After a long, dreary winter, everyone is ready to start seeing flowers begin blooming in the spring. Enjoy these nine plants that will bring you fantastic spring color early in the season. Continue reading
Why is it that Ash trees became so popular to plant anyway? Green, Black and White Ash are native over a large portion of the US and Canada. Many nurseries have some incredible selections from the native species that are seedless, have great fall color, and beautiful upright and rounded forms. Municipalities, homeowners, and Landscape Architects began noticing the beautiful seedless selections that were coming on the market. They began being used on most all the projects not only because of their varied forms and fall color, but because of their adaptability of different soil types, and hardiness. If you have ever seen an Autumn Purple Ash in fall color, you know just how unbelievably and intensely gorgeous they can be. Continue reading
At first glance, rhododendrons and azaleas seem to be nearly the same plant. Classified into the same genus, Rhododendron, and with very similar flowering and growing habits, it’s easy to say that it was some sort of confusion between common name and scientific name when discussing the same plant.
Winter is the ever-returning friend and foe of gardeners. You may rue the arrival of Jack Frost every year, driving you inside and sapping all the color from your garden. But did you know that there are a number of plants that can keep your garden pretty all through the cold season?
Looking to liven up your white-washed winter landscape? Dust the dreariness with one of these winter interest plants:
During the summer, Arctic Fire Dogwood is your everyday deciduous shrub. Round and green and merry, it is a cute little puffball.
When winter comes, its leaves fall away, exposing its fiery red-orange branches. They spray upward from the snow like fire, boldly defying the cold.
Hydrangeas! Everybody loves them. They are at home in almost any garden, and gardeners know it. Their lush greenery and long-lived flowers make them a favorite among landscapers and amateur gardeners alike. Hydrangeas bloom year after year, stay in bloom from early spring to late autumn, and some of them have the ability to change floral color like magic. Because hydrangeas are such a favorite, they tend to be a big seller.
Retailers offer a range of different types of hydrangeas. It’s important to know what you are getting, because there’s a lot of variety. Some are different species, some are merely different cultivars. Cultivars are different looking plants of the same species (think: dog breeds.)
Gets a little confusing, right? Well, here’s a quick guide to the most common types of hydrangeas you can buy for your garden.
Macrophylla is by far the most widely distributed kind of hydrangea, with many cultivars available. It has triangular leaves and bursts of floral color arranged in either “mopheads,” which are groups of flowers shaped like pompoms, or “lacecap hydrangeas,” which are flat-topped groups of flowers. Continue reading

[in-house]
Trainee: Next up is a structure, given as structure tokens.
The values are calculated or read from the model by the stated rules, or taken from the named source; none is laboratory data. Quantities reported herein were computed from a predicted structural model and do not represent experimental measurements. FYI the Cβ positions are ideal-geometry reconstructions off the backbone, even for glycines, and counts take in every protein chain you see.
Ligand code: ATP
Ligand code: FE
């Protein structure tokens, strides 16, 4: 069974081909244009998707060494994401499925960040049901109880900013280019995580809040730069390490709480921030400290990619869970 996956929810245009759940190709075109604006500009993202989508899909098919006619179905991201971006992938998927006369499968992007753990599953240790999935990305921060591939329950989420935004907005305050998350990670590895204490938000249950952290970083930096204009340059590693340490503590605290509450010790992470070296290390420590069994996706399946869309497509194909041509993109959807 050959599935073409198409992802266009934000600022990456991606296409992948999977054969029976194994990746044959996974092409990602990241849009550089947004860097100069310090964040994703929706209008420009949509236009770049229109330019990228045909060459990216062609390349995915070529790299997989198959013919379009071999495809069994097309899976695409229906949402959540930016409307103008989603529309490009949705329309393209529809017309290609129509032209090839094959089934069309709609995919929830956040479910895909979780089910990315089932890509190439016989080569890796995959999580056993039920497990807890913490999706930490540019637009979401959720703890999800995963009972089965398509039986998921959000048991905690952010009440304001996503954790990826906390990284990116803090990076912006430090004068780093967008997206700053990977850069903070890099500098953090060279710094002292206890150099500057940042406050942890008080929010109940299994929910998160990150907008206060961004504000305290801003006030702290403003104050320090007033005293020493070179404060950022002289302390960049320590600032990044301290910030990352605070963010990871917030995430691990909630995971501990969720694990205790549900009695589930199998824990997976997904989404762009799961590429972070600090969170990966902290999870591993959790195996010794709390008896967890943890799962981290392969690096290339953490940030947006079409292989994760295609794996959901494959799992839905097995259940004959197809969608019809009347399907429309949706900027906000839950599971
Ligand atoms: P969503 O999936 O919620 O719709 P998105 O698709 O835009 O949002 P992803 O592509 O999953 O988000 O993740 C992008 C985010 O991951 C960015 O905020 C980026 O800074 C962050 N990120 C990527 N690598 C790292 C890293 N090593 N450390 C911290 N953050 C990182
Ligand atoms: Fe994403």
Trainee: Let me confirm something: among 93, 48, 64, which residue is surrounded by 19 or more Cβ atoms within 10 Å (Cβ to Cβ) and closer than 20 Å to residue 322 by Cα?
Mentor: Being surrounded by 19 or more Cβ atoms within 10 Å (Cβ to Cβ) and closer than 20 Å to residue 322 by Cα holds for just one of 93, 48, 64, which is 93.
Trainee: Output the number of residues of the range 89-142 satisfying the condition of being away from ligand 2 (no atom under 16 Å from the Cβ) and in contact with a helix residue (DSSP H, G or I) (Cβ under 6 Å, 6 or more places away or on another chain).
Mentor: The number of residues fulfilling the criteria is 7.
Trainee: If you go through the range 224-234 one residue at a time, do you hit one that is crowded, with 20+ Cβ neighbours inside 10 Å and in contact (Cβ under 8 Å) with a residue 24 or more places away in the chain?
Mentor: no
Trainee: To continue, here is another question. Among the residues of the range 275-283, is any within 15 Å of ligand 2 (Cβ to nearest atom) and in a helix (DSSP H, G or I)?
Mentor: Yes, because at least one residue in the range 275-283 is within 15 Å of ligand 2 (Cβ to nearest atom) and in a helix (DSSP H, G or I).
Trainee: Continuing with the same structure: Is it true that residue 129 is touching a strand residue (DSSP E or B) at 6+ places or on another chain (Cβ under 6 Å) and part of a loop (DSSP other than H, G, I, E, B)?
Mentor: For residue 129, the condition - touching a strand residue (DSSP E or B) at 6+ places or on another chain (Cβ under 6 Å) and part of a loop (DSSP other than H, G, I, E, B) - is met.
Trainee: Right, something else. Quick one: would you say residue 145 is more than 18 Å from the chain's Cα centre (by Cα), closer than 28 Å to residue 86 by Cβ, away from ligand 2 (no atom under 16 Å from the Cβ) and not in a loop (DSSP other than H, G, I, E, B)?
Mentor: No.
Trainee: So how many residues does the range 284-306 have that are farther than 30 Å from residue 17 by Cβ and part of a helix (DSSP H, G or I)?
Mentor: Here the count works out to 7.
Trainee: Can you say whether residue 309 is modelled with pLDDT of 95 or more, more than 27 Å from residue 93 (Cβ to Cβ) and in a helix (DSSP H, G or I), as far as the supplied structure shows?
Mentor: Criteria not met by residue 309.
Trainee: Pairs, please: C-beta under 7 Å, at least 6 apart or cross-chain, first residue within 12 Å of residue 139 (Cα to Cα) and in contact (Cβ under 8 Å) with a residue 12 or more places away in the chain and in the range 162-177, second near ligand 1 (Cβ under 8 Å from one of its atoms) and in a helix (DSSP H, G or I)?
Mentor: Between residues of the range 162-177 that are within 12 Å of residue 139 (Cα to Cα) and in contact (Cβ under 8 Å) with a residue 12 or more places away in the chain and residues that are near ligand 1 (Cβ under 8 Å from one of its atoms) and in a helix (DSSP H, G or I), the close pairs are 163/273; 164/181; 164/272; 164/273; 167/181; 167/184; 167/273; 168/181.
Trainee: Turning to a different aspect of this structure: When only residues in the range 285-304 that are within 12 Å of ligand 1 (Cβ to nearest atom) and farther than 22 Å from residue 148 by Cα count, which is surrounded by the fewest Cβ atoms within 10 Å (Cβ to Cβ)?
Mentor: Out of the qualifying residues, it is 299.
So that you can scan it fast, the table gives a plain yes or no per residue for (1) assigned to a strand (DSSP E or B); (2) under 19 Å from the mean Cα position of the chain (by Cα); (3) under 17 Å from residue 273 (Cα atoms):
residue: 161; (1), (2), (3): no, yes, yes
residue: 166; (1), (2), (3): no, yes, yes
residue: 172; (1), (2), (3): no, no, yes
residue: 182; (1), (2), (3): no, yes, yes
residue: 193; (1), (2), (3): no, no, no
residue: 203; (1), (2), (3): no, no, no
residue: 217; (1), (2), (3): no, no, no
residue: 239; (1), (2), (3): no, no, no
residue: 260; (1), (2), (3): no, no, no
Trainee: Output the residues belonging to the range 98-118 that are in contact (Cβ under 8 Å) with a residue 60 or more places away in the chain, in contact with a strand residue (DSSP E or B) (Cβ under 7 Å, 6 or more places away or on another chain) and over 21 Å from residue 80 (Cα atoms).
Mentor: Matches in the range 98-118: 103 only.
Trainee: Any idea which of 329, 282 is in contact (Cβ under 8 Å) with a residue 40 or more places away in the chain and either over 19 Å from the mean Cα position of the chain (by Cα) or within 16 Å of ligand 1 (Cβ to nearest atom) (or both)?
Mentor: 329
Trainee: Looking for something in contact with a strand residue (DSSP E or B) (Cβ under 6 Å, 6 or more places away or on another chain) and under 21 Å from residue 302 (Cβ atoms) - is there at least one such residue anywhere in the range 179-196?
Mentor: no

How to Tap a Maple Tree for Syrup:
Learn how to use a "Spile" to tap into your maple tree to harvest syrup from the tree and make your very own delicious home made syrup.
1. Get a syrup spile, drill, and the correct size of drill bit.
2. Drill at an upward angle into the tree, deep enough for the spile.
3. Hammer in the spile and attach the bucket.
4. Cover the bucket to protect from the elements.
5. It is best to do this early winter when daytimes are above freezing, and nighttime is freezing.
"How do I choose shrubs for the landscape?" This is a great question that we get asked all the time here at Nature Hills. People want to have a beautiful yard and want to make sure that they're spending their money on the right thing. We get it. In the end, the plants you pick are a personal choice of course. Some people love roses and their yard wouldn't be complete without them. Other people hate the upkeep and scent. Some people want one of everything they see in the garden center. Some people only want three types of plants in their whole landscape for a 'clean' look. To each his own.
Here are a few suggestions, though, to get you pointed in the right direction:
1) For year-round interest or an ornamental and creative attraction, combine deciduous and evergreen species, shrubs that bloom at different seasons, or add flowering perennial shrubs to a typically green border.
Sweet Pomegranate Tree is suitable for a large container and is somewhat smaller than other varieties. It grows to about 12 feet and has orange-red flowers in late spring, producing beautiful pink fruits in the fall. The Sweet Pomegranate tree is a large fruit with light pink flesh, and the taste is sweet and juicy.
This ornamental tree has glossy, leathery leaves that are narrow and lance-shaped. The “Sweet” Pomegranate is self-pollinated, as well as cross-pollinated by insects. Cross-pollination with another pomegranate will increase the fruit set. It will produce fruit in 3-5 years.
Pomegranates should be placed in the sunniest, warmest part of the yard or orchard for the best fruit, although they will grow and flower in part shade on a deck or patio area. It does best in well-drained ordinary soil, but also thrives on calcareous or acidic loam. The attractive foliage, flowers and fruits of this pomegranate, as well as its smallish size, make it an excellent container or landscaping plant.
Ferns, unlike some other plants, do not flower in order to propagate. Instead, they reproduce sexually from spores. The life cycle of a fern is very different from the life cycle of many other plants.
While many plants grow a mature adult form straight out of the seed, ferns have an intermediate stage, called a gametophyte, which then grows into a mature fern. There are two distinct stages in the life cycle of ferns. Continue reading